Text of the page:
Our Place on Earth, Chapter 2 - Adapting to Change
Communities across the Caribbean face dramatic climate impacts and rapid adaptation is essential. In this chapter, OPOE explores the different strategies Caribbean communities are taking to adapt their lives to an unpredictable future.
Voices from the Film:
"Climate Change is not a disaster..."
...says John Mussington, “it doesn’t mean that we have to pack up our things and leave the island.” An educator, with a Bachelors in Natural Sciences (Chemistry & Biology) and a Post
Graduate Diploma in Natural Resource Management and Environmental
Studies (UWI-CERMES), John has the perspective, drive, and creativity Barbuda needs right now. "Barbuda is at a crossroads," he continues, "and we can swing in either direction. And a bad decision can end us up as a nation of beggars.”
Descendants of a former slave colony left to fend for themselves after emancipation, Barbudans have a long tradition of self-sufficiency and collective land use. Growing up with a deep understanding of the island’s history, John wants to see Barbuda’s unique way of life continue, despite the forces of international development and now climate change. His strategy is both technical - focusing on aquaponics research to produce fresh vegetables and fish in times of drought - and educational, teaching young Barbudans about the value of protecting what they have. "People will pay millions of dollars to take your place," he tells them. "You have something that is superior, and you should work to build upon it and maintain it."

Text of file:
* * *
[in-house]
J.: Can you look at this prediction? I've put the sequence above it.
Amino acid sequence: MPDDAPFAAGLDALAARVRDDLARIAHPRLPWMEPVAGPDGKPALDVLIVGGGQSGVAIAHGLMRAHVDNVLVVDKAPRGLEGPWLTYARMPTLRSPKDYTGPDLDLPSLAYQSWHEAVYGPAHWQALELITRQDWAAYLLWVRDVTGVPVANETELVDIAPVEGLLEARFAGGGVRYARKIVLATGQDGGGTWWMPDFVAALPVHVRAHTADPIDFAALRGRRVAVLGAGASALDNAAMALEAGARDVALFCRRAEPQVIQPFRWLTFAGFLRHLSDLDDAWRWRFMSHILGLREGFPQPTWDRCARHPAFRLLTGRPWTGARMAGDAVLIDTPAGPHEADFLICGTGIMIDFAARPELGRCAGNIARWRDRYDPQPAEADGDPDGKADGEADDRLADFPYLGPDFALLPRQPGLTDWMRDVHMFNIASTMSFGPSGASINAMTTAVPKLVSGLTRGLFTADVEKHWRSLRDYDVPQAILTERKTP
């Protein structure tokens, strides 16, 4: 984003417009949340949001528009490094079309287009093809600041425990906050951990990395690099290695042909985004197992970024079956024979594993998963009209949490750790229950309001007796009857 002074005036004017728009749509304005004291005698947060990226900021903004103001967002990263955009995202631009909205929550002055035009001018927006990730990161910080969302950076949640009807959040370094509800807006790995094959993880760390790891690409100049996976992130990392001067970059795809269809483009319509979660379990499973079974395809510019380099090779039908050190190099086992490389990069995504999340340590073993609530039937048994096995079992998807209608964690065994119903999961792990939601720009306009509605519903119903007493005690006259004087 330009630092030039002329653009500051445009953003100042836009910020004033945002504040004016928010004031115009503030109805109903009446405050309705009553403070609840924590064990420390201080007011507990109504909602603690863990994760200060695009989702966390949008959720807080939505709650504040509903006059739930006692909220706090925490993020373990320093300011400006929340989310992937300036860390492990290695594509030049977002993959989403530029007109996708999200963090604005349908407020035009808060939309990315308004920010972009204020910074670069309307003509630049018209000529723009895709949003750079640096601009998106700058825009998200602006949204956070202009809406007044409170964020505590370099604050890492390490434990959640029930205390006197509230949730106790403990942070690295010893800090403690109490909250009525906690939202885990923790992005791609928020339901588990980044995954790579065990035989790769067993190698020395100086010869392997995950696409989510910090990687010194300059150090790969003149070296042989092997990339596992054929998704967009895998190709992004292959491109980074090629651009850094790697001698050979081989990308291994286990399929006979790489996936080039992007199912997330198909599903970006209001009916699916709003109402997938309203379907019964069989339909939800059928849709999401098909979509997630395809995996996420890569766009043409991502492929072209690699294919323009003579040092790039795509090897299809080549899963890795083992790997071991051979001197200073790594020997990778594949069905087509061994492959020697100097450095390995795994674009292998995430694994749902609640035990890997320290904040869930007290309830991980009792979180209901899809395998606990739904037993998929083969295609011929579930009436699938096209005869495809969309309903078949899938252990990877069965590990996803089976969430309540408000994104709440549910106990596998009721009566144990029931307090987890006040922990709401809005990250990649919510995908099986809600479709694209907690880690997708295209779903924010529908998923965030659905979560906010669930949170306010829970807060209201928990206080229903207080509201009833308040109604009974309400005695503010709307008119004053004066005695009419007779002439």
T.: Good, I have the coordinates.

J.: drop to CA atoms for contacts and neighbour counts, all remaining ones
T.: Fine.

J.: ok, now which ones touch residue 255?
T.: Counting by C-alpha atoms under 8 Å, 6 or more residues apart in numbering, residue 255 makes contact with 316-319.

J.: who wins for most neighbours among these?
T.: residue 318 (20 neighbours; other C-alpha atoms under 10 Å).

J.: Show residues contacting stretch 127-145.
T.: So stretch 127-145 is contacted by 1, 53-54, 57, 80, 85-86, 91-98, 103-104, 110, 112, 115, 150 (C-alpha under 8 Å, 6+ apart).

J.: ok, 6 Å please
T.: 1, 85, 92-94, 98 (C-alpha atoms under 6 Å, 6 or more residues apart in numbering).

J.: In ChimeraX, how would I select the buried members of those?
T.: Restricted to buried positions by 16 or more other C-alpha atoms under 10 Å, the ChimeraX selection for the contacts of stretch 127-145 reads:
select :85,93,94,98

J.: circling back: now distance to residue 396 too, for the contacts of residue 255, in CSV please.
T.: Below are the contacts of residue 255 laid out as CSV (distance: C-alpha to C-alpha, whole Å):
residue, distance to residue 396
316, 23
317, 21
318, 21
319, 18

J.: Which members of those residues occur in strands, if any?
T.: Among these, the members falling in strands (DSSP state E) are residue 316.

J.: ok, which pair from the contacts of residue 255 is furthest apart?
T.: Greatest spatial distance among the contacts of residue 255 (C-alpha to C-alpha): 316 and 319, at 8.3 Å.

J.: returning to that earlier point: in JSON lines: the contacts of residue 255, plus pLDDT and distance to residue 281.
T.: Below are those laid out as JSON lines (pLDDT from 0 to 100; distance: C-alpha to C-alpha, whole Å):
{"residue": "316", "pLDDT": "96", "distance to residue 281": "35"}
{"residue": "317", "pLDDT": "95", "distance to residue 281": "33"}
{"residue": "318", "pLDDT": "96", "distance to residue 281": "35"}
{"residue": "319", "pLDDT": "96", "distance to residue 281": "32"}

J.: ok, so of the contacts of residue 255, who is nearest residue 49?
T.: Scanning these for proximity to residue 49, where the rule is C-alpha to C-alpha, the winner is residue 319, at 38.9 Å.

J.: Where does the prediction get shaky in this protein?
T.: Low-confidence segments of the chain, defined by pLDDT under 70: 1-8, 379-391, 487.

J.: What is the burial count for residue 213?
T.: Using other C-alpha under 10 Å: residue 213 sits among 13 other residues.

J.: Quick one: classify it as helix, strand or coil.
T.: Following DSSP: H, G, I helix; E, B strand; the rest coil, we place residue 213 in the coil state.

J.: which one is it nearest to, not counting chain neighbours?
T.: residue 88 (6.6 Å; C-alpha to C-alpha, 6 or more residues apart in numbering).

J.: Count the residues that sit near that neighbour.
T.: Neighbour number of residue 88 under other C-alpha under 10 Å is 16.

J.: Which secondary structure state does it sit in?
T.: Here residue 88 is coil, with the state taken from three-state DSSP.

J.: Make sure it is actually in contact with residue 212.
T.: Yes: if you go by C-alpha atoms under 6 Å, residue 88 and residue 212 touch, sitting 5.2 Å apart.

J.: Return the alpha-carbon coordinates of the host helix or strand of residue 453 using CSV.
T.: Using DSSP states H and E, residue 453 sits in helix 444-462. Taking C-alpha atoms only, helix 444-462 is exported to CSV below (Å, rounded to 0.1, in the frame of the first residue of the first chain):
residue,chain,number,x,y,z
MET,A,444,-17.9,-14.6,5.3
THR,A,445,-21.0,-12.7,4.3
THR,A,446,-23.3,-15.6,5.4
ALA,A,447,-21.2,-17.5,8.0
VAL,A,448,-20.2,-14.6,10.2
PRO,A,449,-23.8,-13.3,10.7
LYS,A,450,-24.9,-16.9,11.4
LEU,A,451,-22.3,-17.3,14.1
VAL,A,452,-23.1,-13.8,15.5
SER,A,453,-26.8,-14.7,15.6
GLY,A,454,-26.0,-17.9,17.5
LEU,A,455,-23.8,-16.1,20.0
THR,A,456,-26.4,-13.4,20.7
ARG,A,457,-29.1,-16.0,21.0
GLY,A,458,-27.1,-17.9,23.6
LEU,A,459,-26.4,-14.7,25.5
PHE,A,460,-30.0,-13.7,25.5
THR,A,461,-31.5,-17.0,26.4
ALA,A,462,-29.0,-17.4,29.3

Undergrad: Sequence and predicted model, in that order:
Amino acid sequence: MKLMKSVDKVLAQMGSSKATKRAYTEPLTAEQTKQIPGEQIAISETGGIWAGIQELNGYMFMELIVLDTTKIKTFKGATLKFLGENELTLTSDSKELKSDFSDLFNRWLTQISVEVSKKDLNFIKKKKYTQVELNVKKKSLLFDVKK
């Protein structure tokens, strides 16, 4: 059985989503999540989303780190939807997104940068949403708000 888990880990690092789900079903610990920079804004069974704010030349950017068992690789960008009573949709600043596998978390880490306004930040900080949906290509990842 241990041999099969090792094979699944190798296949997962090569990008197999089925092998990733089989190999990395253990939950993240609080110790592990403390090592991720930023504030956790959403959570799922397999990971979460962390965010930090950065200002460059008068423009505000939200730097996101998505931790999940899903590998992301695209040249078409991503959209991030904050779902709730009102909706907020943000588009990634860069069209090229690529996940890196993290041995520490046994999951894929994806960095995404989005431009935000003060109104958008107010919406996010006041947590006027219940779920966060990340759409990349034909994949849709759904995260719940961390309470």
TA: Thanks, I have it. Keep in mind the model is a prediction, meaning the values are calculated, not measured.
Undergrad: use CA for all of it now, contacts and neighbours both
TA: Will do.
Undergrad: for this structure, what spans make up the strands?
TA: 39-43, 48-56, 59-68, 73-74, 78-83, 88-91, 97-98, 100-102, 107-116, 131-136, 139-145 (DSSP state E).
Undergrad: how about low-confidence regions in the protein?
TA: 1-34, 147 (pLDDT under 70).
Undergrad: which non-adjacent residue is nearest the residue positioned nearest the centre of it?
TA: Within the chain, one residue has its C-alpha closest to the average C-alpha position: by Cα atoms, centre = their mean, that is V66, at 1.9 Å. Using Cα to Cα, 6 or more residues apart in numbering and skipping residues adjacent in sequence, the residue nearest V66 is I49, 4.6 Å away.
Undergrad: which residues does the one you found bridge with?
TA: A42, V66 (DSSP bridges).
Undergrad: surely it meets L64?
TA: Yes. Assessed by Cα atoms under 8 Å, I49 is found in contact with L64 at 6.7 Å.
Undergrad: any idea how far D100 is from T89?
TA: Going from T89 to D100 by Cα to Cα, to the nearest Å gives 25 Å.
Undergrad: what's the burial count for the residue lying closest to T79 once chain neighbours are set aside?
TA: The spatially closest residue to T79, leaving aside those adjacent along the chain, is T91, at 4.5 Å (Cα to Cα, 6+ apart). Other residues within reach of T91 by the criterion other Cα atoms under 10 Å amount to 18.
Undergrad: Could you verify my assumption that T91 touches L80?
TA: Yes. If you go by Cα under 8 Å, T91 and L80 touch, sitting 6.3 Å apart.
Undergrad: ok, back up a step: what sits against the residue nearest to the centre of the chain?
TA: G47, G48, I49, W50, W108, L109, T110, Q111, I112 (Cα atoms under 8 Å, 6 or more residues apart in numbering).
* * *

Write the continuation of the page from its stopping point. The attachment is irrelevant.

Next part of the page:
"Being an environmentalist means, to me...
...being a true advocate for your society," says Katrina Collins, founder of Union Island's Environmental Attackers. "For me, humans and the environment are interconnected."
Because she doesn't have an “advanced degree”, as she says, Katrina was shy about getting involved as an advocate on Union Island. But encouraged by a conversation with an Union tourist, Katrina launched the Environmental Attackers, a group that lives at the intersection of society and the environment. Their list of programs ranges from providing large rainwater harvesting tanks to low-income residents - so they'll have clean water in times of drought - to training community members as birdwatchers and hiking guides to create local jobs in the the tourism industry. The Attackers also train residents as turtle handlers, to help monitor and protect the island's turtle populations. "We need to work hand in hand with [the environment], so we can protect it more, encourage people to do what’s right, and we also have to practice."
At the community level, "practice" is an important feature of building climate resiliency. In the face of uncertainty - and to create the change you want - often the best thing to do is just take action: to strive, to learn, to collaborate, and then step back, see if it’s working, adjust, and try again.
In the next OPOE chapter, For All of We, Guillaume Craig from the NGO, blueEnergy, echoes this message, stating - “I believe that it's every organization's and every community's job to figure out what works for them. And you can’t figure things out if you aren’t doing things.”
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An OPOE Case Study
St. Vincent and the Grenadines, a Small Island Developing State in the Eastern Caribbean, is extremely vulnerable to the impacts of climate change. However, this isn’t stopping citizens, community groups, and the government from taking action. In fact, an understanding of local vulnerability is serving as a catalyst for action across sectors and scales. Explore how three communities across the country are finding the inspiration to build their resilience in the face of a changing climate.